If you were to ask a room full of CEOs “How many of you use a voice of customer survey to learn what your customers are saying about you”?
In this article, I’m going to tell you what they say. And the answer may shock you.
Most of us do not use a proven methodology that is statistically valid to understand the true voice of the customer.
We tend to use and trust anecdotal information or comments found on social media. We say what we want others to think we think on social networks. Not what we actually think.
Sadly, I’m lucky if I get 10% to put their hand up.
So the truth is, we don’t know what our customers are saying about us to others. And we do not understand the impact of not knowing this on revenue.
In you want a good book that explains the origins of voice of customer surveys, check out The Loyalty Effect: The Hidden Force Behind Growth, Profits, and Lasting Value.
In it, author Frederick Reichheld demonstrates the power of loyalty-based management as a highly profitable alternative to the economics of perpetual churn.
What is the Voice of the Customer Survey?
The Voice of the Customer Survey is feedback your customer shares with others about their experience of doing business with you.
- Their expectations of your products and services
- The main reasons why they will return
- The main reasons why they will not return
- What your most important improvements are
- Which customers are actively recommending you to others and why
- Which customers are not recommending you and why not
Fundamently, your customers will share whether you hit the mark, exceeded the mark or were no-where near the mark.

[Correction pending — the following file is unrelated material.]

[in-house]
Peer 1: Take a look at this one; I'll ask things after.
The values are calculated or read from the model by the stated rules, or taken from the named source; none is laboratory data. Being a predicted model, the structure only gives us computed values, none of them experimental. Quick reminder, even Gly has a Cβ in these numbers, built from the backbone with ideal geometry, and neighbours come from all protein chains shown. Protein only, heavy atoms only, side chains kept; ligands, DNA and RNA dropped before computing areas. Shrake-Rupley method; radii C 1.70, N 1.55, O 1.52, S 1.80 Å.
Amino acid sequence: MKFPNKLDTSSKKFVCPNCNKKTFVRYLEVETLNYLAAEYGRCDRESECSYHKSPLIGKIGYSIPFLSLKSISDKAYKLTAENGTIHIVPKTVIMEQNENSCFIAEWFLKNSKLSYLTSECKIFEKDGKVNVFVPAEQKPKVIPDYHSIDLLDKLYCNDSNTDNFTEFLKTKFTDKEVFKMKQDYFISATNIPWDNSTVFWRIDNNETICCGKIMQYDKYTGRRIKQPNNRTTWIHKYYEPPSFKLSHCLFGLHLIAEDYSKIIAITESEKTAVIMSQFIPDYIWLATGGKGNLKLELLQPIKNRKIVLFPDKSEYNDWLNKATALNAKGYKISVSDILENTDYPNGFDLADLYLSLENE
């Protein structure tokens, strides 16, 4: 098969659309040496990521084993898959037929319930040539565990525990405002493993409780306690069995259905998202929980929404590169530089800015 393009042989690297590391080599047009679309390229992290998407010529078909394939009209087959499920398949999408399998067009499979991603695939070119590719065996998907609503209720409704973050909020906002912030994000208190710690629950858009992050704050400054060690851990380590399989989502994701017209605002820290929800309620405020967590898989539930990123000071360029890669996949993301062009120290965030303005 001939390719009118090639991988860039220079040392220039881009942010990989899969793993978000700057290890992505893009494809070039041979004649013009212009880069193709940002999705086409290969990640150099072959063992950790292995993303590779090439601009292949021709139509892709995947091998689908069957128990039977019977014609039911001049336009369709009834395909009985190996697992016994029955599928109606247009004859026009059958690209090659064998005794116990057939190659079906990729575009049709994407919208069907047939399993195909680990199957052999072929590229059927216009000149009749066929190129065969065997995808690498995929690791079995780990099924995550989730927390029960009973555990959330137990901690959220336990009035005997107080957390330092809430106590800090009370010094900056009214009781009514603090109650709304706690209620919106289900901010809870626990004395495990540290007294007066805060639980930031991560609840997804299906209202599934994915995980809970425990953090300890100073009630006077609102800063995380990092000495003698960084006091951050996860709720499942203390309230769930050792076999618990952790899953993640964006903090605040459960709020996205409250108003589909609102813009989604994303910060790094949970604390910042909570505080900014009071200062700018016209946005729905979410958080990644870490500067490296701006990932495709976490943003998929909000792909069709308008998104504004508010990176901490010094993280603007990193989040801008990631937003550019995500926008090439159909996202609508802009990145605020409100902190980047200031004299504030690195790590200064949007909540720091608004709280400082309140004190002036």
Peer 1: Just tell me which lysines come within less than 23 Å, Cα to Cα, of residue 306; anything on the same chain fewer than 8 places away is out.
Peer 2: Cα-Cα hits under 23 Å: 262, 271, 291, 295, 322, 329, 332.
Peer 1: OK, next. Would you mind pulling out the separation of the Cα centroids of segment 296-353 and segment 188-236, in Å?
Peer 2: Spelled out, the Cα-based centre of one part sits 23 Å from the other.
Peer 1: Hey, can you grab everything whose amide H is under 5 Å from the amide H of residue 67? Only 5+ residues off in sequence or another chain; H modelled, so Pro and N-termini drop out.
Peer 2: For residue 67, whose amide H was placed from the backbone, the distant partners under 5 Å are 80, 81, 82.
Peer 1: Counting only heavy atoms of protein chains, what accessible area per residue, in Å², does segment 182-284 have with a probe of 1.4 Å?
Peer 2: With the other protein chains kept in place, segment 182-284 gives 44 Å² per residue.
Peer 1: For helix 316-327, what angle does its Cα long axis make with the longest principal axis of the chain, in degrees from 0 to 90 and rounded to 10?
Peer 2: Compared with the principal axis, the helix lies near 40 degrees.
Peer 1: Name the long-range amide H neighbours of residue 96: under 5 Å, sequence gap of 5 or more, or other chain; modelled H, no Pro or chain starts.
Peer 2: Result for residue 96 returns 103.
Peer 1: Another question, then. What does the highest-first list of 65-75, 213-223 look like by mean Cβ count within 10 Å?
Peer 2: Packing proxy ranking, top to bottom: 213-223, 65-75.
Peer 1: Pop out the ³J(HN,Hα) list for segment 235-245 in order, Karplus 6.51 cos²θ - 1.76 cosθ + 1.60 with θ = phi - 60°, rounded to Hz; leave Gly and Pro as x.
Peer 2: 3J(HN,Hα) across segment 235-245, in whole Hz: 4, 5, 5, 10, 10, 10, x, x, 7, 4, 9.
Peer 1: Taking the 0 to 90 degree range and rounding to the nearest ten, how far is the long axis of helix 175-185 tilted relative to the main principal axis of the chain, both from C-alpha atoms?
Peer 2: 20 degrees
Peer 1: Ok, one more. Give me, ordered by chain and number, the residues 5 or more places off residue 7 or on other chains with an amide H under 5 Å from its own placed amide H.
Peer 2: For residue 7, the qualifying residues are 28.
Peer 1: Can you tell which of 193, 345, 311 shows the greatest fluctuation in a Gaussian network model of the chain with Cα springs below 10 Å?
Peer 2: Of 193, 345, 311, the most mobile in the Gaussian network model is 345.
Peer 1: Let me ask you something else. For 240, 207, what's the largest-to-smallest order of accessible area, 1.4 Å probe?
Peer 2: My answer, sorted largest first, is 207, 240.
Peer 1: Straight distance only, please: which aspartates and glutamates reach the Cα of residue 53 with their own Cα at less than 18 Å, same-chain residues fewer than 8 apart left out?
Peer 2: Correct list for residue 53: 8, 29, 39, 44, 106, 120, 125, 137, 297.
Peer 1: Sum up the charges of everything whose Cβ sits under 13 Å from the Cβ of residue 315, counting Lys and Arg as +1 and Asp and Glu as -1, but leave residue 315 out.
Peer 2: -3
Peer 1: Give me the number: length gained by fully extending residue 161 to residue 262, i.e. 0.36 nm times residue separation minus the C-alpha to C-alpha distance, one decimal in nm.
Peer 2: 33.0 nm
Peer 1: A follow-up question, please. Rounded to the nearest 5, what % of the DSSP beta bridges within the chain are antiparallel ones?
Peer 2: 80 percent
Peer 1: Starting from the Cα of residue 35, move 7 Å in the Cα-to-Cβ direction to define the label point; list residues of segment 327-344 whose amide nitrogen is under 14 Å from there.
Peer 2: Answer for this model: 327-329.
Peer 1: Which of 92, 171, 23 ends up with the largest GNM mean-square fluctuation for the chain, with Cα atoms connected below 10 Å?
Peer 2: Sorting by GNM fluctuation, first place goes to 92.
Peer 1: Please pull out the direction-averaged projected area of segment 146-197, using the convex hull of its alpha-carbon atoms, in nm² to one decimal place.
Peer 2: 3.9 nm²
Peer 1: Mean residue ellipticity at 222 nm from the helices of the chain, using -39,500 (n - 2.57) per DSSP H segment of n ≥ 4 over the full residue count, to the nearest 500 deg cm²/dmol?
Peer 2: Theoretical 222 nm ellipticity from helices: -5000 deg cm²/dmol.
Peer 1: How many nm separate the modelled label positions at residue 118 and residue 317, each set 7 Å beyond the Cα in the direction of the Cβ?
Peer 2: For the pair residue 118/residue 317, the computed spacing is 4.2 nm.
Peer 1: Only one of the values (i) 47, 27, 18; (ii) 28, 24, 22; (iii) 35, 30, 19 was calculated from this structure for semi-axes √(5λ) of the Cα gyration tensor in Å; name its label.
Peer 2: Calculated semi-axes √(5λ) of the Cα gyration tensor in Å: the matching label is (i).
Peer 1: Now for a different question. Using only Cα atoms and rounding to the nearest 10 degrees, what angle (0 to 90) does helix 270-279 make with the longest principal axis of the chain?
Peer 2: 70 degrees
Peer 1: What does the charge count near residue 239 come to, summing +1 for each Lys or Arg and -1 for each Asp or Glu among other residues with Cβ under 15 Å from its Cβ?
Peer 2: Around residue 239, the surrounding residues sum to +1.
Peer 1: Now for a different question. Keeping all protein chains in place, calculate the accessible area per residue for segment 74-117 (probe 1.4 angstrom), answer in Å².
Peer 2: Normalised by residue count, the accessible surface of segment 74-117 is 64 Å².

How do you capture the Voice of the Customer?
To know and understand the Voice of the Customer, we need to survey our customers. There are online tools available like Survey Monkey, or like us at The Loyalty Zone you can speak to your customers.
We prefer telephone interviews, as you can ask follow-up questions to find out exactly what your customers mean by their responses.
Traditional satisfaction surveys can be long and customers get to say little, except to provide a score.
By speaking with customers the Voice of the Customer Survey, captures more relative information.
We know it’s the quality of the conversations that we have with customers that make the real difference because what customer think is what drive reputation.
For example, we find customers will use words like, friendly, helpful, fast or cost-effective. Or unhelpful, slow or expensive. We call these words – drivers.
The art of conversing to probe into these drivers, identifies the key behaviours.
The behaviours determine your Best Practice Drivers; things you’re doing well. And your Improvement Drivers; things you need to work on.
Unprompted responses are the most valid. We never give multiple choice response options or put ideas in the heads of the customers we survey. We simply let them talk.
If, you want to make a difference to your customers’ experience. You need to understand and focus on the areas that have the biggest impact.
We are advocates of the Net Promoter Score. What we love most about the Net Promoter Score, is that it is a proven methodology that is statistically valid.
We love it so much, we completed the Satmetrix Net Promoter Score certification.
The rating the customer gives you tells us everything, for example – do you know if your customers are Promoters, Passives or Detractors?
The key questions we ask follow the Net Promoter Score approach.